Citizen Potawatomi Nation
Culturally and linguistically, the Potawatomi are connected to the Ojibwe and the Odawa forming the Nishnabe (the Original People). Traditionally, they form an alliance known as the Three Fires in which each group functions to serve the Nishnabe as a whole. The Bodewadmi, are the "Keepers of the Fire," and the word Potawatomi means "People of the Place of the Fire."
Historically, the Potawatomi were a powerful Great Lakes nation that controlled millions of acres in what are now Wisconsin, Michigan, Indiana, Illinois, and Ohio. They were one of the initial tribes to forge both a business and kindred bond with the French, controlling much of the northern fur trade during the 1700s. The Potawatomi fiercely resisted Anglo encroachment and proved to be formidable opponents to both the English and Americans.
By the end of the 18th century, tribal villages were being displaced by white settlements, creating tension that ultimately ushered in the treaty era. Through a series of treaties, beginning in 1789, their land was dramatically reduced in size, and with the passage of the 1830 Indian Removal Act the Potawatomi were forcibly removed west of the Mississippi to a reservation in eastern Kansas.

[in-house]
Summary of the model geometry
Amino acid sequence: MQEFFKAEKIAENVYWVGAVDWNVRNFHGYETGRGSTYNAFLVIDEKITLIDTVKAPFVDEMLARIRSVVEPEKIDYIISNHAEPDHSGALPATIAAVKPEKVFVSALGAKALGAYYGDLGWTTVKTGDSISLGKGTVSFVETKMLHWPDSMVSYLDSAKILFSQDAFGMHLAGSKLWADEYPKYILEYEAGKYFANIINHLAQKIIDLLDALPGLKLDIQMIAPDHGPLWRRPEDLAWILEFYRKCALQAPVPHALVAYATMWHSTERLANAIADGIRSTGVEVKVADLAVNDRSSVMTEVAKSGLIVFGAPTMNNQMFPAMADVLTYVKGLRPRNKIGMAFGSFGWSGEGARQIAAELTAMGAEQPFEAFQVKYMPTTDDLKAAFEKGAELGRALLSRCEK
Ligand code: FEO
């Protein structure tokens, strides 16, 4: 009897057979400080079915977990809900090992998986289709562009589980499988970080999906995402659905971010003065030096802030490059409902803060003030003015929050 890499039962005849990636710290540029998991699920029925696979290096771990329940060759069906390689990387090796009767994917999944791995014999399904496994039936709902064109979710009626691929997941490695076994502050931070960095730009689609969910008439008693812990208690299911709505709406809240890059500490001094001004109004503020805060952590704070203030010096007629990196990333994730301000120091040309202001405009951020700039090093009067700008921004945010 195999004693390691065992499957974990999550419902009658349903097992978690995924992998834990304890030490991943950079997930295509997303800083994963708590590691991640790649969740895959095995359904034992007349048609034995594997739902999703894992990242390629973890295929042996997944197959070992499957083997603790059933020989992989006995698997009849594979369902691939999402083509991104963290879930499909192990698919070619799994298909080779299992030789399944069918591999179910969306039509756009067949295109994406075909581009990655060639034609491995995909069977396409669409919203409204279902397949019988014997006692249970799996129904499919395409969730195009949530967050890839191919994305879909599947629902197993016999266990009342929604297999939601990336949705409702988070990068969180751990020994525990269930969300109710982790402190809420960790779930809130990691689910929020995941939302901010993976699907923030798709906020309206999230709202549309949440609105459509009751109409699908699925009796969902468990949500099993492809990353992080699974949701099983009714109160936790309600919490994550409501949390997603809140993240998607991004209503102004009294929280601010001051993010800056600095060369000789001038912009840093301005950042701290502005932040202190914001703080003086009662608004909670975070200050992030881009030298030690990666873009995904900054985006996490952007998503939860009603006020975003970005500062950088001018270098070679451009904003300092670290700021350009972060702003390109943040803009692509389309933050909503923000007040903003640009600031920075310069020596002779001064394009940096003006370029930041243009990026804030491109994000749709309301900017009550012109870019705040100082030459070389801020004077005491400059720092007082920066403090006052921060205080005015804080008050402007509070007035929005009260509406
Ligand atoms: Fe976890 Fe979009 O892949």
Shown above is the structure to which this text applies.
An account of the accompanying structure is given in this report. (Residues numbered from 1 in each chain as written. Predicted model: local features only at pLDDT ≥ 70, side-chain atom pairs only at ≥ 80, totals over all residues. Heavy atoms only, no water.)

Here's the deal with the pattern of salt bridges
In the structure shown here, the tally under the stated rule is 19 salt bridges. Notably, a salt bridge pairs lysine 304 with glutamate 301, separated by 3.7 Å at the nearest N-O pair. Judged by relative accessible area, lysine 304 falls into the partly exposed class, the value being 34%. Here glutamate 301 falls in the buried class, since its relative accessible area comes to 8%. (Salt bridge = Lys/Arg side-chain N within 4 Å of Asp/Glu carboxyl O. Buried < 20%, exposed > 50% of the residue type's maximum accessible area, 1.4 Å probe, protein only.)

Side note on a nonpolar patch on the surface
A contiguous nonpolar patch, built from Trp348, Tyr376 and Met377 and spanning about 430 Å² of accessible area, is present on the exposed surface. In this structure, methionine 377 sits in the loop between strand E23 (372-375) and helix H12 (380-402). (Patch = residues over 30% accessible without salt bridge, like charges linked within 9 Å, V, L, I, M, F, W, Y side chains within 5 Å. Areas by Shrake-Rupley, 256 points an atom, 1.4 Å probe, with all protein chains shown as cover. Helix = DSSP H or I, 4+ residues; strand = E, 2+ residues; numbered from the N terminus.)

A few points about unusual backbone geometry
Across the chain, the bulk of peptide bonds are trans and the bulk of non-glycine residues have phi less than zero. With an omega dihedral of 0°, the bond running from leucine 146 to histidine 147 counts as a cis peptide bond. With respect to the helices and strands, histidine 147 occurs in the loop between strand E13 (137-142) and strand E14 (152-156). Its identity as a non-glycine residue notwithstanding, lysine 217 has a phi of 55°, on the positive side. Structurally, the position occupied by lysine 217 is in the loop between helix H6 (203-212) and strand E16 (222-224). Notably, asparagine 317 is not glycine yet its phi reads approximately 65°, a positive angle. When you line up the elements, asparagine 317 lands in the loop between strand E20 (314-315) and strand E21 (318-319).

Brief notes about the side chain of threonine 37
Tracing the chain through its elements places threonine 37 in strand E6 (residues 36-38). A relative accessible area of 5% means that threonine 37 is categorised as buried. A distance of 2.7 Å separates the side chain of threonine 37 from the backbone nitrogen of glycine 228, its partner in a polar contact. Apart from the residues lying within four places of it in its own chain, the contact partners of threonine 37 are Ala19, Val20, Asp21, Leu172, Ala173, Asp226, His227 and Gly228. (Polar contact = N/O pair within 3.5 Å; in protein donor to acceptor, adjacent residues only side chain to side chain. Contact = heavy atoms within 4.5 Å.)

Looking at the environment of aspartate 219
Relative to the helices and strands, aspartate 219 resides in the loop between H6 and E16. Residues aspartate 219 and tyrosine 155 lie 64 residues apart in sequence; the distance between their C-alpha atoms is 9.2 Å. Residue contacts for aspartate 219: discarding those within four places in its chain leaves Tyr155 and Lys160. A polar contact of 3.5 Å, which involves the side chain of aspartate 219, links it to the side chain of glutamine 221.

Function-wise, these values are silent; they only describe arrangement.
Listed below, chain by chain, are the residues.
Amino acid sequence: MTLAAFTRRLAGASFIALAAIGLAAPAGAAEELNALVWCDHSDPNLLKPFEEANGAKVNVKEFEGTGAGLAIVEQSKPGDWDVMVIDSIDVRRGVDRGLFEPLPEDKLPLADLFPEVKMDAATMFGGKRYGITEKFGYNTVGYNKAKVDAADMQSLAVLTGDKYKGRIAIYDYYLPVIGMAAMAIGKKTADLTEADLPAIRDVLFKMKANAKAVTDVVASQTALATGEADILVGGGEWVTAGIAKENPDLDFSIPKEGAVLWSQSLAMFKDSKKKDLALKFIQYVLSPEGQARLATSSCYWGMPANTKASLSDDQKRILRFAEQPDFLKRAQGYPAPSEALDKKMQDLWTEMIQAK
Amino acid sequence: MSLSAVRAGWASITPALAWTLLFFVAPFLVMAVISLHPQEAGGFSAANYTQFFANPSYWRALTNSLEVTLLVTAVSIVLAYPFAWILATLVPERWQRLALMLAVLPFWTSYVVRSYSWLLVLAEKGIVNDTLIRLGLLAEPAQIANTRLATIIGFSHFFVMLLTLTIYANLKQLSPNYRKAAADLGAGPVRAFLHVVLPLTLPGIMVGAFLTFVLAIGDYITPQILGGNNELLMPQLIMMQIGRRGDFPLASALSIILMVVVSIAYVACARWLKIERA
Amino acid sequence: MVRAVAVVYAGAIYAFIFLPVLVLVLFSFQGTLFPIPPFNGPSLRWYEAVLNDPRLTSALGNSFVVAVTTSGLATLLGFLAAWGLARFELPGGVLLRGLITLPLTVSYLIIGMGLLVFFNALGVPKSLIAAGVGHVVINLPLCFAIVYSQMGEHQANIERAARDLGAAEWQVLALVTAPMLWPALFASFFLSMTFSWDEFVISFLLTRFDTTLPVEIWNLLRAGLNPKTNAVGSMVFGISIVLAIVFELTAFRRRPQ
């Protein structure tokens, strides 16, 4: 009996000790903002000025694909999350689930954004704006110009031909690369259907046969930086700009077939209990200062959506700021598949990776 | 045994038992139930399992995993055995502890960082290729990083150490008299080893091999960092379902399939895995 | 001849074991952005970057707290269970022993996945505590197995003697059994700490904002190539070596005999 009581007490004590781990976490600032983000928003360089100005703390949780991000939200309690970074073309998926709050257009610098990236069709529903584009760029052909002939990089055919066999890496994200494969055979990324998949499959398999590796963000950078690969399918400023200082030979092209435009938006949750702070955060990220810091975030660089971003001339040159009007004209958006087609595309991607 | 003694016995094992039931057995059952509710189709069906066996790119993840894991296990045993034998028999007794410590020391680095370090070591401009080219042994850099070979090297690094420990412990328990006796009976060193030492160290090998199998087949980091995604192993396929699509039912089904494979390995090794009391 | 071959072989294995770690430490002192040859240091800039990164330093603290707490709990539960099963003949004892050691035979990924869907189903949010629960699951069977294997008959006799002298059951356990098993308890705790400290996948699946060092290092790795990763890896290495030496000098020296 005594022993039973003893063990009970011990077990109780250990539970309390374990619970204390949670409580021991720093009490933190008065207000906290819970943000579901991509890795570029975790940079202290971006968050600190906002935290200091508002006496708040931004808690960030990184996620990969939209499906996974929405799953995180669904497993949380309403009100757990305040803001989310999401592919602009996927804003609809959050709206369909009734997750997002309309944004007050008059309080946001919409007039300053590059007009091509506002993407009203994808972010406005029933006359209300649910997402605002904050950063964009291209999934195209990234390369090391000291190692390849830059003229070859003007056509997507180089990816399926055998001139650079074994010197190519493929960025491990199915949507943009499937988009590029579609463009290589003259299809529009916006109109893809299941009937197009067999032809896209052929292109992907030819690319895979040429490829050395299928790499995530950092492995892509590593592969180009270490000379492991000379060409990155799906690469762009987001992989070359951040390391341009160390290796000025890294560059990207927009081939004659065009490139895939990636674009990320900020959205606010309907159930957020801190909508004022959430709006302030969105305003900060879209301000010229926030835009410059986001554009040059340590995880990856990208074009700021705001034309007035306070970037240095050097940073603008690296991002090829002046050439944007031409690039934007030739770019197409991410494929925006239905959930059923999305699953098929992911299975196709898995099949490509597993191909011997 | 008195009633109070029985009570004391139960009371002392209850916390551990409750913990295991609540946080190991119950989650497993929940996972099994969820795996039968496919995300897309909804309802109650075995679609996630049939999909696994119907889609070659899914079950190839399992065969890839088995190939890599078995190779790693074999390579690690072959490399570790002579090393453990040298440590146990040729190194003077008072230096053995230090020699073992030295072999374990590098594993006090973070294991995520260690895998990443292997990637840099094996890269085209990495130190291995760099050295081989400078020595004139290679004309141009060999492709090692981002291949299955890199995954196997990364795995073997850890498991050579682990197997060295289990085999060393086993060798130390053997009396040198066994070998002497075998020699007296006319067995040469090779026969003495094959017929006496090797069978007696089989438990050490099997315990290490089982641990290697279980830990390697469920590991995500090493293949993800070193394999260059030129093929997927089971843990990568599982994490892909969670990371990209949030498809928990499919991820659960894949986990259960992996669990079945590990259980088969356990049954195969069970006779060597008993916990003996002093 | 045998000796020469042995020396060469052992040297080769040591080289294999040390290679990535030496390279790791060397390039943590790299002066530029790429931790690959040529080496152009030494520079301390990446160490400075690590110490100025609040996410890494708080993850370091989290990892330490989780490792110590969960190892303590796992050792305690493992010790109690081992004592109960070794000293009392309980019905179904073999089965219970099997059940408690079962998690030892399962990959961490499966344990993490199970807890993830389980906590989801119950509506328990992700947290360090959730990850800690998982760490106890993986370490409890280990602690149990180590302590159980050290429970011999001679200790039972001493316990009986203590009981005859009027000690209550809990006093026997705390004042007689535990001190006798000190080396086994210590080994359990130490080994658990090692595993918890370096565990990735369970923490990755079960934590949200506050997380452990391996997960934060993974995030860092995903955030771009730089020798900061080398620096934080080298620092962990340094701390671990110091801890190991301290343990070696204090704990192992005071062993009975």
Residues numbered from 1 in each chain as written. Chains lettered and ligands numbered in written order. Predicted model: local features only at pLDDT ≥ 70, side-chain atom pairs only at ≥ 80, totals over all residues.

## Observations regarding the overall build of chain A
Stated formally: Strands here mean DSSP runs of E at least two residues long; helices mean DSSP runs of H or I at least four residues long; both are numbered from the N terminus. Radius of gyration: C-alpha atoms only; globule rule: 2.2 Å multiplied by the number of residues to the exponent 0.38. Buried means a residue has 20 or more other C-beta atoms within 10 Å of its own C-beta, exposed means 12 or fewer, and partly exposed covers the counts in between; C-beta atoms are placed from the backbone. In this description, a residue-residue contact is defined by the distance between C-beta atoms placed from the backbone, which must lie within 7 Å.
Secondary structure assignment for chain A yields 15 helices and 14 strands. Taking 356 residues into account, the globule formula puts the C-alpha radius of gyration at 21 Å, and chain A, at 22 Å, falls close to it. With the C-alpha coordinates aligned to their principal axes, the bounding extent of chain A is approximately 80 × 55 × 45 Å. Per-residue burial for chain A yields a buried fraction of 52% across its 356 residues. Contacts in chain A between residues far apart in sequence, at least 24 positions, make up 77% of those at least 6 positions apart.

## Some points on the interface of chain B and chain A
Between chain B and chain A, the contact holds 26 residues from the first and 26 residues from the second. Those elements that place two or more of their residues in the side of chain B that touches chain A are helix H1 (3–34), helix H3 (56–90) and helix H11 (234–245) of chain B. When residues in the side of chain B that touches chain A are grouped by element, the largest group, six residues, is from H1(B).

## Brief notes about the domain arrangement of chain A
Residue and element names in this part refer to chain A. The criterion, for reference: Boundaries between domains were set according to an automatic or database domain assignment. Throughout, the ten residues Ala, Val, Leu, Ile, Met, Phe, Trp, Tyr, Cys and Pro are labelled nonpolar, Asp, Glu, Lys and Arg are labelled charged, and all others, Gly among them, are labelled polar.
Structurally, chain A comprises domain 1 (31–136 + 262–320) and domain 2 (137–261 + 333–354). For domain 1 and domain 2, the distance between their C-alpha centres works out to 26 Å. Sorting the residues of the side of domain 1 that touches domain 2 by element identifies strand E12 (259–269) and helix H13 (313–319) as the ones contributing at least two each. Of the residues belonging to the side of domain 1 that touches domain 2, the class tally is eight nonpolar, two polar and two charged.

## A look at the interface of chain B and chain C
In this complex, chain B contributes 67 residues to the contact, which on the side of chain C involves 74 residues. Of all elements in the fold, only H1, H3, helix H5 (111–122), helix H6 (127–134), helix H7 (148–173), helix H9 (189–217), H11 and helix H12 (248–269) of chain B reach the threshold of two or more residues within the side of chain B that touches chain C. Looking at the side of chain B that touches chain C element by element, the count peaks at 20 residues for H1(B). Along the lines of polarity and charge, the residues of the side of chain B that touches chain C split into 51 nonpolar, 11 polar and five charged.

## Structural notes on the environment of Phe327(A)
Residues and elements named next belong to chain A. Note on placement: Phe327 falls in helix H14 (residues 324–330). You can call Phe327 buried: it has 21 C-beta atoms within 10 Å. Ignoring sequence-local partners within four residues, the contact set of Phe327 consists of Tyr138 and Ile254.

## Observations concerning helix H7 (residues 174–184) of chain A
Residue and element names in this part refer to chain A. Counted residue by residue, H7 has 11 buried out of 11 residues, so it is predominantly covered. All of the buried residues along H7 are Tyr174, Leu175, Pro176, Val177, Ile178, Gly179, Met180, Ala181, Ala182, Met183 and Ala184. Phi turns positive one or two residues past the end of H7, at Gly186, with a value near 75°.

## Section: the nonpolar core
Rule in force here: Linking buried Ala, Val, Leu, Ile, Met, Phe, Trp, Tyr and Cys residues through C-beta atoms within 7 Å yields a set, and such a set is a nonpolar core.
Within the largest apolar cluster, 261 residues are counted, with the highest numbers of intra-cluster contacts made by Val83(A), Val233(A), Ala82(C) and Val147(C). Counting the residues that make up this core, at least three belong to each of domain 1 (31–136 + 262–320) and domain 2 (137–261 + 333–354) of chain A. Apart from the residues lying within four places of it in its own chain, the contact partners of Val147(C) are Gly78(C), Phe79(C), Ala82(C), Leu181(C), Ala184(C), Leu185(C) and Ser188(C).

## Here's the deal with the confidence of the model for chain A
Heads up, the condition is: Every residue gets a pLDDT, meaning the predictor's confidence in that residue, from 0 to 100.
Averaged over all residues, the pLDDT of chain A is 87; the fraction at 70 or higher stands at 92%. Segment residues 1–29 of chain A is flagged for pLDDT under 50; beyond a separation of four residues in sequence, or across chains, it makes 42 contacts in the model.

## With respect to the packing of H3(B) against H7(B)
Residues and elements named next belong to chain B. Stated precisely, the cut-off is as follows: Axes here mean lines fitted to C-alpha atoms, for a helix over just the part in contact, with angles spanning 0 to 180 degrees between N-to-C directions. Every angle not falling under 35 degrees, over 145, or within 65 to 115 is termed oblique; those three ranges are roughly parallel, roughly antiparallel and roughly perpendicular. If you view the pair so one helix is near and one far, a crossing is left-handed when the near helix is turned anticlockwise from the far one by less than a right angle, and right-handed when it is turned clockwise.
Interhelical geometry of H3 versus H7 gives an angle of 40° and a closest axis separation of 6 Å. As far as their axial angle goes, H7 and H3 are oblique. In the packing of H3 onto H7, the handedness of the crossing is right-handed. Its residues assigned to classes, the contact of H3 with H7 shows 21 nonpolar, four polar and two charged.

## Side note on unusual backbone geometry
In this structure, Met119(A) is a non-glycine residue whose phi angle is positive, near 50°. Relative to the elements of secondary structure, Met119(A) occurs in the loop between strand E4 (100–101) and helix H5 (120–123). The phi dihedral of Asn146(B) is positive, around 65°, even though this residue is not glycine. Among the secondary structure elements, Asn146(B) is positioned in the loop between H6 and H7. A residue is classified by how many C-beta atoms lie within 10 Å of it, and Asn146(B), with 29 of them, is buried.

In 1861 the Potawatomi signed a treaty with the United States officially dividing the tribe. The signers wanted to sell portions of it and have their land allotted, while the other group (Prairie Band) desired to hold the land in common. Stipulations of the treaty required its signers to surrender their tribal membership and take U.S. citizenship. Doing this, these Potawatomi became the first American Indians granted citizenship and the foundation for the Citizen Potawatomi Nation.
In 1867 the Citizen Potawatomi signed another treaty allowing tribal members to sell their allotments and using the proceeds to purchase lands in Indian Territory, resettle in the area surrounding Shawnee. Today the Citizen Potawatomi Nation is preserving and perpetuating their heritage with a Cultural Heritage Center that houses the Nation's museum, archives, research and community-events facilities.